Many of our core values will be challenged over the next four years, and we believe that journalism will play an important role in telling the stories of those who have been marginalized in our society, and those who are working to make change. We need to break down complex policy changes and shine a light on the people and elements of the natural world they impact the most. With some in the ag media pointing out that Trump will fight “the so-called good food movement and undo Obama-era agricultural and environmental policies,” now is the time to remember why this work matters.
When we founded Civil Eats in 2009, our idea was to support a growing community of people who were concerned about our food system. We wanted to profile people changing the food system from the ground up as well as covering Washington and the policy that has impacted what we eat.
We focused on individuals making change in their everyday lives because we believed that change truly happens on the ground. From sustainable agricultural practices, food justice, and nutrition, to state and federal policy, Civil Eats has reported on the most important food and agriculture stories of our time. And the site has become a trusted news source producing meaningful, nuanced content, which is overlooked in our current media landscape. It’s for these reasons that we were awarded the James Beard Foundation’s Publication of the Year in 2014.
Since then, Civil Eats has continued to break important food policy news and spark positive change. The site was the first to break the news that FDA would start testing for glyphosate in food. And it was the first national news site to report on the Navajo Nation’s new junk food tax (with media partner Mother Jones) and helped catalyze a conversation about dietitians rallying against Kraft’s new seal on its Singles.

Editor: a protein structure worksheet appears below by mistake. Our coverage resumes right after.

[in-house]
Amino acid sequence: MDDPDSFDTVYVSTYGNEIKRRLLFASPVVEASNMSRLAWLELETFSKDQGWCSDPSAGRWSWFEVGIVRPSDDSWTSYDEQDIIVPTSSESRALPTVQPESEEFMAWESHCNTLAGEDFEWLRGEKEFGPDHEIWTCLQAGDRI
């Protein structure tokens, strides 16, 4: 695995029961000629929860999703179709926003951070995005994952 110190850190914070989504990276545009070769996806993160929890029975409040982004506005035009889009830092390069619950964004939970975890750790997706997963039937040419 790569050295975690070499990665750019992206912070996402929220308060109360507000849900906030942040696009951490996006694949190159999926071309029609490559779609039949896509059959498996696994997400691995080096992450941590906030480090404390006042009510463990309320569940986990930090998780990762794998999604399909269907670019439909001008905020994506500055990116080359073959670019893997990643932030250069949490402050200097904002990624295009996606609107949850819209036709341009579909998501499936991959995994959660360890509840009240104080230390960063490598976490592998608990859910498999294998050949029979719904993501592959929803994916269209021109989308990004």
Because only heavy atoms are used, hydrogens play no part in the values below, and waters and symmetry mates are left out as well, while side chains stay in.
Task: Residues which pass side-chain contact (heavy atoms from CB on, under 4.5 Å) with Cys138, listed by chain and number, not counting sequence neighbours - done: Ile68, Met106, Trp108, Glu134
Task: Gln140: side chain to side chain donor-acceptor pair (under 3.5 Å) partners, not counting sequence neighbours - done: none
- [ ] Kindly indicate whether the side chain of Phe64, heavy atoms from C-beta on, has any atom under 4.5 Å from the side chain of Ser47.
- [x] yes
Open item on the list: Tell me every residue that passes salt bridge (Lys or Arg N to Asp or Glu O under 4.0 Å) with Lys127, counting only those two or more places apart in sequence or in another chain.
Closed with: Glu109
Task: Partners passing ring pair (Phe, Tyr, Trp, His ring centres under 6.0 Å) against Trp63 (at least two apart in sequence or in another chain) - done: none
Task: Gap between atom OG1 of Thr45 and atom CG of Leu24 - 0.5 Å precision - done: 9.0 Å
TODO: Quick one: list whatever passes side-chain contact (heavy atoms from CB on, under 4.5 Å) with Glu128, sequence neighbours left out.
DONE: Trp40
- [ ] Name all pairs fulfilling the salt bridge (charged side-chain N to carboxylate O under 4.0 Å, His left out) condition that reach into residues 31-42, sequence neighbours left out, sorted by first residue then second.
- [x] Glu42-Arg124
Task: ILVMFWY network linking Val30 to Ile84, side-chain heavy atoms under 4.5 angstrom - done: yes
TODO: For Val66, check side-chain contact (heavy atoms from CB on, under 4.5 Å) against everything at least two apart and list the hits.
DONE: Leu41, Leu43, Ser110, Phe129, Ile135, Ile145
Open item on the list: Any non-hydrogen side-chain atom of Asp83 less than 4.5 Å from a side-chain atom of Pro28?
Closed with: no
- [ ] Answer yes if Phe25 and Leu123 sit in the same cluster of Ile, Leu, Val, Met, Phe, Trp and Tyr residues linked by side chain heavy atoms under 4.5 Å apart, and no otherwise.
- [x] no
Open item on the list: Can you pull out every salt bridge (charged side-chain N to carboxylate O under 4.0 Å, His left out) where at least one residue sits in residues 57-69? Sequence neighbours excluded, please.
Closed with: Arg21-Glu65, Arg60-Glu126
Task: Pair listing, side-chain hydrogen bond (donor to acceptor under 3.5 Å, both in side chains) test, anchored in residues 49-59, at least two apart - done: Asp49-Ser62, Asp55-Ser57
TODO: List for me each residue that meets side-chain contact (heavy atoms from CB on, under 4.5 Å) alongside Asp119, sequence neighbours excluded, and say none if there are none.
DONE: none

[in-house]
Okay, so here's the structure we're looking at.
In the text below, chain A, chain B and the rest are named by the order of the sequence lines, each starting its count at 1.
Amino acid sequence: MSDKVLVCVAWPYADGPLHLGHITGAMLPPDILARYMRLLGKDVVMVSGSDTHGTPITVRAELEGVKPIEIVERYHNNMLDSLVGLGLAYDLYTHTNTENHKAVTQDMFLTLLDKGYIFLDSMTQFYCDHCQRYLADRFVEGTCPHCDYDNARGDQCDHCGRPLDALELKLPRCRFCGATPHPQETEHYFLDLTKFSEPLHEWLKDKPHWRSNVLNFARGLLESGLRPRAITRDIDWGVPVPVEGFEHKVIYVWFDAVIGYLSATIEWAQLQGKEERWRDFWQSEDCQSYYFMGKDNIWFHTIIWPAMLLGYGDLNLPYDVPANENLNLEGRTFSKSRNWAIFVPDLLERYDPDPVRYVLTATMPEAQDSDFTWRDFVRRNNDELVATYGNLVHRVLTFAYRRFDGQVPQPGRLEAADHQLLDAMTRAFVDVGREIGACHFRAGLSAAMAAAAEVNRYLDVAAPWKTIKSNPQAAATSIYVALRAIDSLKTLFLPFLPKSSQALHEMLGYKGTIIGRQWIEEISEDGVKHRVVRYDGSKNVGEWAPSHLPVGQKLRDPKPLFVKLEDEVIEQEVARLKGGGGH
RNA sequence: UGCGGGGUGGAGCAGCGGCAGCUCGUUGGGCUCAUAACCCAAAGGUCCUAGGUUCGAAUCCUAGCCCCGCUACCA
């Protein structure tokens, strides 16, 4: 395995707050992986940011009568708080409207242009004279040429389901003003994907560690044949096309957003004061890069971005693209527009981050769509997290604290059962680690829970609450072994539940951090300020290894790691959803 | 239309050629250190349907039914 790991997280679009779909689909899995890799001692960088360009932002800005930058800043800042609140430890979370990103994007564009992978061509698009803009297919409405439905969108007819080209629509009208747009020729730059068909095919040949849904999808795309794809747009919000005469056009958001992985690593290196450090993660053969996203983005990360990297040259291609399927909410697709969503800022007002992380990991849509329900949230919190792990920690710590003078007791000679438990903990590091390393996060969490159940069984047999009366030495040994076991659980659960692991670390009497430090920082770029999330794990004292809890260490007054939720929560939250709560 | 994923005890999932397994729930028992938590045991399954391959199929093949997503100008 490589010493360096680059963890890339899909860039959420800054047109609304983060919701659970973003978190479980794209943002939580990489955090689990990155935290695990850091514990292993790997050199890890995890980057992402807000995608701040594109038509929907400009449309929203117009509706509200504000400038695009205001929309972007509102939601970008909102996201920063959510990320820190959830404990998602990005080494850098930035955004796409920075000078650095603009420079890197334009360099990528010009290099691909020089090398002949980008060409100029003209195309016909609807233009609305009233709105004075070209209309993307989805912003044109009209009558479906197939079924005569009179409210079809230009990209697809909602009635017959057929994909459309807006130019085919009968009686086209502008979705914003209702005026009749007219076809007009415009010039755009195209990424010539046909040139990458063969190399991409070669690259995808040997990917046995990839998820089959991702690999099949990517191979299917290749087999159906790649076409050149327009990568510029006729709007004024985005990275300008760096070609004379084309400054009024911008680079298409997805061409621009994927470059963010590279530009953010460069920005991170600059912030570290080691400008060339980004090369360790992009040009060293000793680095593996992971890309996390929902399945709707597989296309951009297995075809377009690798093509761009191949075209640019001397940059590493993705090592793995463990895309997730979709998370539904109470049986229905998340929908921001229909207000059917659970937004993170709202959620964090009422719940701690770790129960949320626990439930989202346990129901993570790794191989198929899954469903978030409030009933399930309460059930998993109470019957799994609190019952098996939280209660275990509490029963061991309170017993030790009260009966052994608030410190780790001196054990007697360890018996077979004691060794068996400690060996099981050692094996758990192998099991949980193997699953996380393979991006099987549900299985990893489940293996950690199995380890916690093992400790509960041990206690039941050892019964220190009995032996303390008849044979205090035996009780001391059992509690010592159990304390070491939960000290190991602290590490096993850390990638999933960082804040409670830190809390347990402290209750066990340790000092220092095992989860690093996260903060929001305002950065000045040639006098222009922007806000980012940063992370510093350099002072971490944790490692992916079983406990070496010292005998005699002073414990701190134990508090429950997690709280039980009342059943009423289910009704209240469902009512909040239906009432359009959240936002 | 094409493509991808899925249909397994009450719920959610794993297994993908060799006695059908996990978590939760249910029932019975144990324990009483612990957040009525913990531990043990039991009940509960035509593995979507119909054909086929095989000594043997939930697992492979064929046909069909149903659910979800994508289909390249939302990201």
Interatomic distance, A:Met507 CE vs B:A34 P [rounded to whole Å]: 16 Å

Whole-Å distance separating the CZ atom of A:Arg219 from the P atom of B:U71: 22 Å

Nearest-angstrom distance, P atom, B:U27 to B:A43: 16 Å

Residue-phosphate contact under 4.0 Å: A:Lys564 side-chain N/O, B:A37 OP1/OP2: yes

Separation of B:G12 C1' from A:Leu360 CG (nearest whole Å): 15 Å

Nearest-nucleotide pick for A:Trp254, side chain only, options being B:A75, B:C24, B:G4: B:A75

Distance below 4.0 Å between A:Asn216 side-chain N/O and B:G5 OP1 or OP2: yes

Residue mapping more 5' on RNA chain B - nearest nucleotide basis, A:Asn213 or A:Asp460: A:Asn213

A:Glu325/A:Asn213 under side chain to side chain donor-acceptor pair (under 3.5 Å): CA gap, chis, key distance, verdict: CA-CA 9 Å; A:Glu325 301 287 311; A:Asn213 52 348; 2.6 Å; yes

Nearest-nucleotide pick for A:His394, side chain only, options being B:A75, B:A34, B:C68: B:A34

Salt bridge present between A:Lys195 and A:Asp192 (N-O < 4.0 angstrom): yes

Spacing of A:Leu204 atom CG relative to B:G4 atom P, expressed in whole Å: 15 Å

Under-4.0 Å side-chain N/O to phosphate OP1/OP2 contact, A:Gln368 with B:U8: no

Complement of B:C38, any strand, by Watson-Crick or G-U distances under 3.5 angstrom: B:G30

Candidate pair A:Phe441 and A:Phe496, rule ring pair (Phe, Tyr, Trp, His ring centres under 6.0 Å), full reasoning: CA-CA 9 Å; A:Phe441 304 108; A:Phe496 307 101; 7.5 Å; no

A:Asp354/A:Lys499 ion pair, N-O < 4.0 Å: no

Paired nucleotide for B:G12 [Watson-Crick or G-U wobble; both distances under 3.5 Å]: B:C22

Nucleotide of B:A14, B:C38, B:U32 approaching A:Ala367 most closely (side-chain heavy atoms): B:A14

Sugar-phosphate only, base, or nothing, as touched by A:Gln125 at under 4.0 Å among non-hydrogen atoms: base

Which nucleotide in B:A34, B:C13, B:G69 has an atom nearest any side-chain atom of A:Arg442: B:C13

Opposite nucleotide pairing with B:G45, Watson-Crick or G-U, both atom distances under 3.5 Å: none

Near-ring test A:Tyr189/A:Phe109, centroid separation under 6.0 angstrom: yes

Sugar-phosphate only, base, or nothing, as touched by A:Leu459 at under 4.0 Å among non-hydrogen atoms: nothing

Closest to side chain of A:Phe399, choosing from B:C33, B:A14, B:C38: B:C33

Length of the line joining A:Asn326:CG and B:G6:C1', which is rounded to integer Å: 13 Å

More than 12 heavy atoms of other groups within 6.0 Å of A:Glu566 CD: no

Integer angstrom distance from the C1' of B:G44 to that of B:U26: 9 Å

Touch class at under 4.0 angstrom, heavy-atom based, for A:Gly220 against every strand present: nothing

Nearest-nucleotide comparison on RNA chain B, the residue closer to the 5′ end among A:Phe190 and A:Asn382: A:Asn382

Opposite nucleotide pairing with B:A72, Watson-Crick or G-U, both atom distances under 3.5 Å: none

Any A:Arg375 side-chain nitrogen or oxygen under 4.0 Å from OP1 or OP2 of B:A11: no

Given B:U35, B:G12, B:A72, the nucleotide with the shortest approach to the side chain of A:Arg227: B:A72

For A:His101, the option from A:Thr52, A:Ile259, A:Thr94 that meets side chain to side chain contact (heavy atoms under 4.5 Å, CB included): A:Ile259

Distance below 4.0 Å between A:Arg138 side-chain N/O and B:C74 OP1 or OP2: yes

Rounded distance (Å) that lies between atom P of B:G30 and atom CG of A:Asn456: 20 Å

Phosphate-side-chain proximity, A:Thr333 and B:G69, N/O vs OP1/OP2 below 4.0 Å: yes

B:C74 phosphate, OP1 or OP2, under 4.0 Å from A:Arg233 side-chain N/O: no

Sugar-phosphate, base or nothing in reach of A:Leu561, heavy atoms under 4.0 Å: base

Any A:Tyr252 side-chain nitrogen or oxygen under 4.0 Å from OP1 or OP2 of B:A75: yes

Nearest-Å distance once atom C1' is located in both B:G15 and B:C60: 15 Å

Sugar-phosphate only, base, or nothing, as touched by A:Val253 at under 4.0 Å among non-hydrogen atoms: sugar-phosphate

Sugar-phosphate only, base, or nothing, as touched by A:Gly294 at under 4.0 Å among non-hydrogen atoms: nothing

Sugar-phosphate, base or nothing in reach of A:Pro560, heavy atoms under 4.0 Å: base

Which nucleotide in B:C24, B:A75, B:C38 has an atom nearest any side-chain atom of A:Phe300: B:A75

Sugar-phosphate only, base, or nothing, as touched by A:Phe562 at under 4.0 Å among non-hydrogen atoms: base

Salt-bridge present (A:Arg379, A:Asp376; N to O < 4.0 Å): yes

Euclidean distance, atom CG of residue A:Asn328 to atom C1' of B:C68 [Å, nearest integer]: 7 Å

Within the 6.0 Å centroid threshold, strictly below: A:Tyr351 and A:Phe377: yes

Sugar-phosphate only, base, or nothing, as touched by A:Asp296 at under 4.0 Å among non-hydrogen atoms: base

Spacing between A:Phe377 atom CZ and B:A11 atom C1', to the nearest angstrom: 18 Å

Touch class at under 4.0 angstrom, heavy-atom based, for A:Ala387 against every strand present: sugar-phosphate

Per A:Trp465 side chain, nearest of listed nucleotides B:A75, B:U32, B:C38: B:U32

The team has reported extensively on pesticide exposure and worker health, the move toward antibiotic-free meant and cage-free eggs, the impact of additives in food such as emulsifiers on human health, the fight for fair wages for food workers, and on the value of biodiversity on farms.
And unique in the food media space, Civil Eats has had an ongoing mission to cover issues of diversity and food justice in our reporting, and it has actively sought out reporters and commentators and leaders of color. We believe these very issues are at the very heart of the divide in our country today, and we will continue to create a platform for much-needed dialogue and discussion on race and food.
Like America, Civil Eats is now at a crossroads. As an independent media outlet, we’ve never taken outside funding or advertising. Instead, we rely on support from foundations and our readers, and raising money for good reporting is getting harder every day. Our current president-elect ran a campaign that consistently maligned the media, and some say social media and the misinformation spread there won him the presidency. Some smart people fear that good journalism is not long for this world.
We know that’s not true. We need good journalism now more than ever as many of the policies that have improved the food system over the past eight years will likely be challenged in new ways. We want to be there to hold this administration accountable, but we need your support in order to do that. Today, Americans need to be more creative than ever before when it comes building a better country for all, and the food movement holds so many shining examples. We hope that Civil Eats can continue to cover these and other important stories.
Together, we hope to continue to speak truth to power and fight for a better food system for all.
Warm wishes for a well-nourished holiday season.
– The Civil Eats Team